New software optimizes testing of blades

4. August 2022

In the innovation project, Requim, several partners are developing a new technology that can improve erosion testing of wind turbine blades’ leading edges. The product both improves the quality of testing and makes the test faster to complete.

Everyone disappoints over time – including wind turbine blades, which in the open nature tend to erode as the years go by.

To counter damage to the leading edges of the blades – damage that comes mainly from rain – the wind industry continuously launches new materials in the blades so that they last longer. These materials are tested prior to market introduction, which is done in a so-called Rain Erosion Tester, where wing parts are quickly thrown around in a real environment while exposed to water droplets.

“Erosion is a major problem in the wind industry, because when the blade is old and worn out, the wind turbine produces less energy,” says Charlotte Bay Hasager, Professor at DTU Wind and Energy Systems.

“It’s aerodynamic in the beginning, but becomes less performing as the surface is destroyed,” she says.

Together with partners from the companies Wind Power Lab and R&D Test Systems A/S, DTU Wind and Energy Systems participates in the innovation project REQUIM, where they jointly optimize rain testing of blades with artificial intelligence. Energy Cluster Denmark facilitates the project.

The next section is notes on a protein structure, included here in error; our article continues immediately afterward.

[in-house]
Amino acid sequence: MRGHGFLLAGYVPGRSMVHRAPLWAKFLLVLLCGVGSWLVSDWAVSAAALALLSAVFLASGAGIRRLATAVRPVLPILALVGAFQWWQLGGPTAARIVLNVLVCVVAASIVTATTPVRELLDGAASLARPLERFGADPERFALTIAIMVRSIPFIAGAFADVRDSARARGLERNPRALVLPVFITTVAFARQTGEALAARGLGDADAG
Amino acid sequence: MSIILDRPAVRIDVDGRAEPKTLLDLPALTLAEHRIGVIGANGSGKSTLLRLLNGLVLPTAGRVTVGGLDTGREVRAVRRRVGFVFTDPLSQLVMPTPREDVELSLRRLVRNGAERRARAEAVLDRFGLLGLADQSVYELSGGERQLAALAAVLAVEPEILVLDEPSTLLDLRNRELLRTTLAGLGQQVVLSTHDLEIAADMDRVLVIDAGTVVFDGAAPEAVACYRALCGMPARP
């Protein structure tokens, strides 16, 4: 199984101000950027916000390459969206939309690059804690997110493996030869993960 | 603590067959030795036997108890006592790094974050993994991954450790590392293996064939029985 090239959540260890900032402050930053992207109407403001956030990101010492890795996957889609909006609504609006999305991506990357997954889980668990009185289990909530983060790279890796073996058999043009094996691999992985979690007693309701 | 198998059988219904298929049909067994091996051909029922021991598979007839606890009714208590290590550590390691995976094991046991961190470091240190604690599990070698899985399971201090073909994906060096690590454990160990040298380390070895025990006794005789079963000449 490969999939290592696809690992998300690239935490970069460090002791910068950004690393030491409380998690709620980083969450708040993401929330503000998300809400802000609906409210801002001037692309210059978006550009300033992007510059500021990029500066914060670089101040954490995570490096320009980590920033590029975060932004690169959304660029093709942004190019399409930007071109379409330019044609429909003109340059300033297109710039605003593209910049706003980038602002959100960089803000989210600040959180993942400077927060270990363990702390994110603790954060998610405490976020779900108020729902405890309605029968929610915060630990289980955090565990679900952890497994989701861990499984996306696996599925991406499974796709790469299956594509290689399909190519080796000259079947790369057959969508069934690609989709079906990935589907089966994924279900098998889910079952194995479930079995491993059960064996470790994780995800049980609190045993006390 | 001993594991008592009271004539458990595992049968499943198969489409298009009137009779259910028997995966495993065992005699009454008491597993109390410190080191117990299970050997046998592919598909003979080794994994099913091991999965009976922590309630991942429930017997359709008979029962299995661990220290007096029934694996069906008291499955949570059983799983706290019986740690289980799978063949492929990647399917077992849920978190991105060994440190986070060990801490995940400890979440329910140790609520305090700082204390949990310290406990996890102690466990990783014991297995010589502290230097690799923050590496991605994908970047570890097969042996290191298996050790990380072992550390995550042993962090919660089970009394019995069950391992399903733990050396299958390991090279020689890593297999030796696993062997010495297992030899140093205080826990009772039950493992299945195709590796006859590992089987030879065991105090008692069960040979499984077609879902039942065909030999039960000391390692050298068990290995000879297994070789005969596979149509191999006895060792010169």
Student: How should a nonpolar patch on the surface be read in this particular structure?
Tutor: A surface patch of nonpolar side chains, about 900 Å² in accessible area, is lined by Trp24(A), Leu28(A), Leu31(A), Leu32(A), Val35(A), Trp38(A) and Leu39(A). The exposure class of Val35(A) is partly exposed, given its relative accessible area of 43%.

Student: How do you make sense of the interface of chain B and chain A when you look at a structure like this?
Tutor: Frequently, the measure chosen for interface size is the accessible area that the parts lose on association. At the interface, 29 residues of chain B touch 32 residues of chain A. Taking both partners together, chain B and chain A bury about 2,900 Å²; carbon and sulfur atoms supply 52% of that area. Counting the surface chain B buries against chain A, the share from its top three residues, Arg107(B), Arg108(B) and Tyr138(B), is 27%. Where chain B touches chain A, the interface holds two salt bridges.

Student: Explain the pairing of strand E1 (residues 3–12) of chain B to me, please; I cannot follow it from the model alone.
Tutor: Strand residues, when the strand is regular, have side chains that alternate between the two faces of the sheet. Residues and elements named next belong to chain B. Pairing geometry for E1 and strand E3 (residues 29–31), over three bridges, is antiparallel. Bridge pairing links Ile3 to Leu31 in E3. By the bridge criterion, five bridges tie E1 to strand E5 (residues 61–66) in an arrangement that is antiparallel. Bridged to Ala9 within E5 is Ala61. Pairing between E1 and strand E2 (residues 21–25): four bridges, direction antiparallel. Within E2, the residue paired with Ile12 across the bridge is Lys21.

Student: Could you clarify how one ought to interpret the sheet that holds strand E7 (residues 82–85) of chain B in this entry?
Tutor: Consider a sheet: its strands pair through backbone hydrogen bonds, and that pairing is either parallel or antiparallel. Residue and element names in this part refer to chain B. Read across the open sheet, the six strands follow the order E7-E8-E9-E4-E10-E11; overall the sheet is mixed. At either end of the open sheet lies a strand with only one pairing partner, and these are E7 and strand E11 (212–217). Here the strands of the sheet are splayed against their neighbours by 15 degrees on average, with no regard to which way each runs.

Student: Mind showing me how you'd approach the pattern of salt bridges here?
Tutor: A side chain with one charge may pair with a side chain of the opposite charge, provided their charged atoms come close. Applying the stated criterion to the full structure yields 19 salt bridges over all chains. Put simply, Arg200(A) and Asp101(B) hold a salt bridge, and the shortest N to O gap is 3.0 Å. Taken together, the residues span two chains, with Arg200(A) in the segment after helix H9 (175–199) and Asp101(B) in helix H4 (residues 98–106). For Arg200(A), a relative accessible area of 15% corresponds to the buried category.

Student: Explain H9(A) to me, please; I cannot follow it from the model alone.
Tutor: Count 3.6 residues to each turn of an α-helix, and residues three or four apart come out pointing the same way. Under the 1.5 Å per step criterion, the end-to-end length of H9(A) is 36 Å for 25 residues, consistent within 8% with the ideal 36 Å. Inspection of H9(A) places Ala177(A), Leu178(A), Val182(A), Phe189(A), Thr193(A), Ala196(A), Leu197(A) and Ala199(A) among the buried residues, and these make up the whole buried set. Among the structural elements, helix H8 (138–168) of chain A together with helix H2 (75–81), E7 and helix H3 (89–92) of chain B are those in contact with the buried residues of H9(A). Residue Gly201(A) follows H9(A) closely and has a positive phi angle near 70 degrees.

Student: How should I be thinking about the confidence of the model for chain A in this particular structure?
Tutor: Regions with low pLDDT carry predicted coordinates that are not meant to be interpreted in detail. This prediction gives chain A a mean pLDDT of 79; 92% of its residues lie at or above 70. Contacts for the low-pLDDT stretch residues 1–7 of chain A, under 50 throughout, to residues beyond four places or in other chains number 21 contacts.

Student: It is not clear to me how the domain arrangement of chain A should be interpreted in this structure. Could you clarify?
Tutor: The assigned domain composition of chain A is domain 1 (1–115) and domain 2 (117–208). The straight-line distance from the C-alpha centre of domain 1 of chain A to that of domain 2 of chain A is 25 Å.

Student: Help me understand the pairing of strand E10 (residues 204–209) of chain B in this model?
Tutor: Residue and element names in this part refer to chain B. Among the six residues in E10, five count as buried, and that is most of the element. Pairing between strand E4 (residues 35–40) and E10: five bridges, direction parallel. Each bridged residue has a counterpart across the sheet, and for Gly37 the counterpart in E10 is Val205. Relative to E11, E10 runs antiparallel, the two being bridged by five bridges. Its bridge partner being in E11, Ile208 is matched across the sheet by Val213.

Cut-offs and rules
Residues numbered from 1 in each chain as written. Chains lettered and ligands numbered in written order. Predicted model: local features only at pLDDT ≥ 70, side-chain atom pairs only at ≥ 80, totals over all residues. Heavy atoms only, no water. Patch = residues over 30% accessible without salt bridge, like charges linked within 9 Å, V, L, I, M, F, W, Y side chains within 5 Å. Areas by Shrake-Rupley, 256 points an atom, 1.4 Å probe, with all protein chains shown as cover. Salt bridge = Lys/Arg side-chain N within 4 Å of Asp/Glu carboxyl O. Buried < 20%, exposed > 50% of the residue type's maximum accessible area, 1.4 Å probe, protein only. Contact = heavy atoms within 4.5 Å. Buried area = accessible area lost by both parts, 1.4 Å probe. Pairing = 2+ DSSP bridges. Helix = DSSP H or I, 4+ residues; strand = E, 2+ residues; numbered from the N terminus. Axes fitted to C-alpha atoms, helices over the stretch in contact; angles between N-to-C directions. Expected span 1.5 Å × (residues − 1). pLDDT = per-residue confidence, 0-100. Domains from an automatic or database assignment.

“Our role in the project is to develop software that can accurately tell when erosion begins to occur when new products are tested for the wind and aerospace industry,” says Anders Røpke, CEO of Wind Power Lab:

“Our software will optimize the use of rain erosion tests so that the quality of erosion products is thoroughly tested before use,” he says.

A big saving

Today, the wing damage is reviewed manually by looking at photos from the tests. The new AI technology automates this process, which can save up to 20 hours of assessment work per tested blade. Today, you can manually test for a type of damage in the upper layer. With artificial intelligence, you can test for air bubbles, fissures and other damage in several layers.

R&D Test Systems A/S is the so-called problem owner in the project, as the company develops and sells Rain Erosion Test machines.

“We spend 20 percent of the test time on image processing in continuation of a test period,” says Rasmus Buch Andersen, Technical Product Manager at R&D Test Systems A/S:

“It will therefore be a great saving when we automate the process further. We have 14 machines out in the world and are running right now. They are typically very heavily coated – they run 80% of the available hours of the year. Therefore, the product from REQUIM will allow you to get to the market faster with your wind product than today,” he says.

REQUIM lasts one year and initially develops proof of concept. The partners then want to apply for funding for further development of the final product.

“This helps us to be ready for the future – a product development that we can use for our customers. You are trying to make something that can live for 25 years in reality, and therefore it is important that we test as accurately as possible,” concludes Rasmus Buch Andersen.

The REQUIM project runs for one year and has a total budget of DKK 2.2 million. The project is supported by the EU’s Regional Fund and is facilitated by Energy Cluster Denmark. The project partners are: R&D, Wind Power Lab, DTU Wind and Energy Systems and Energy Cluster Denmark. Read more about innovation projects at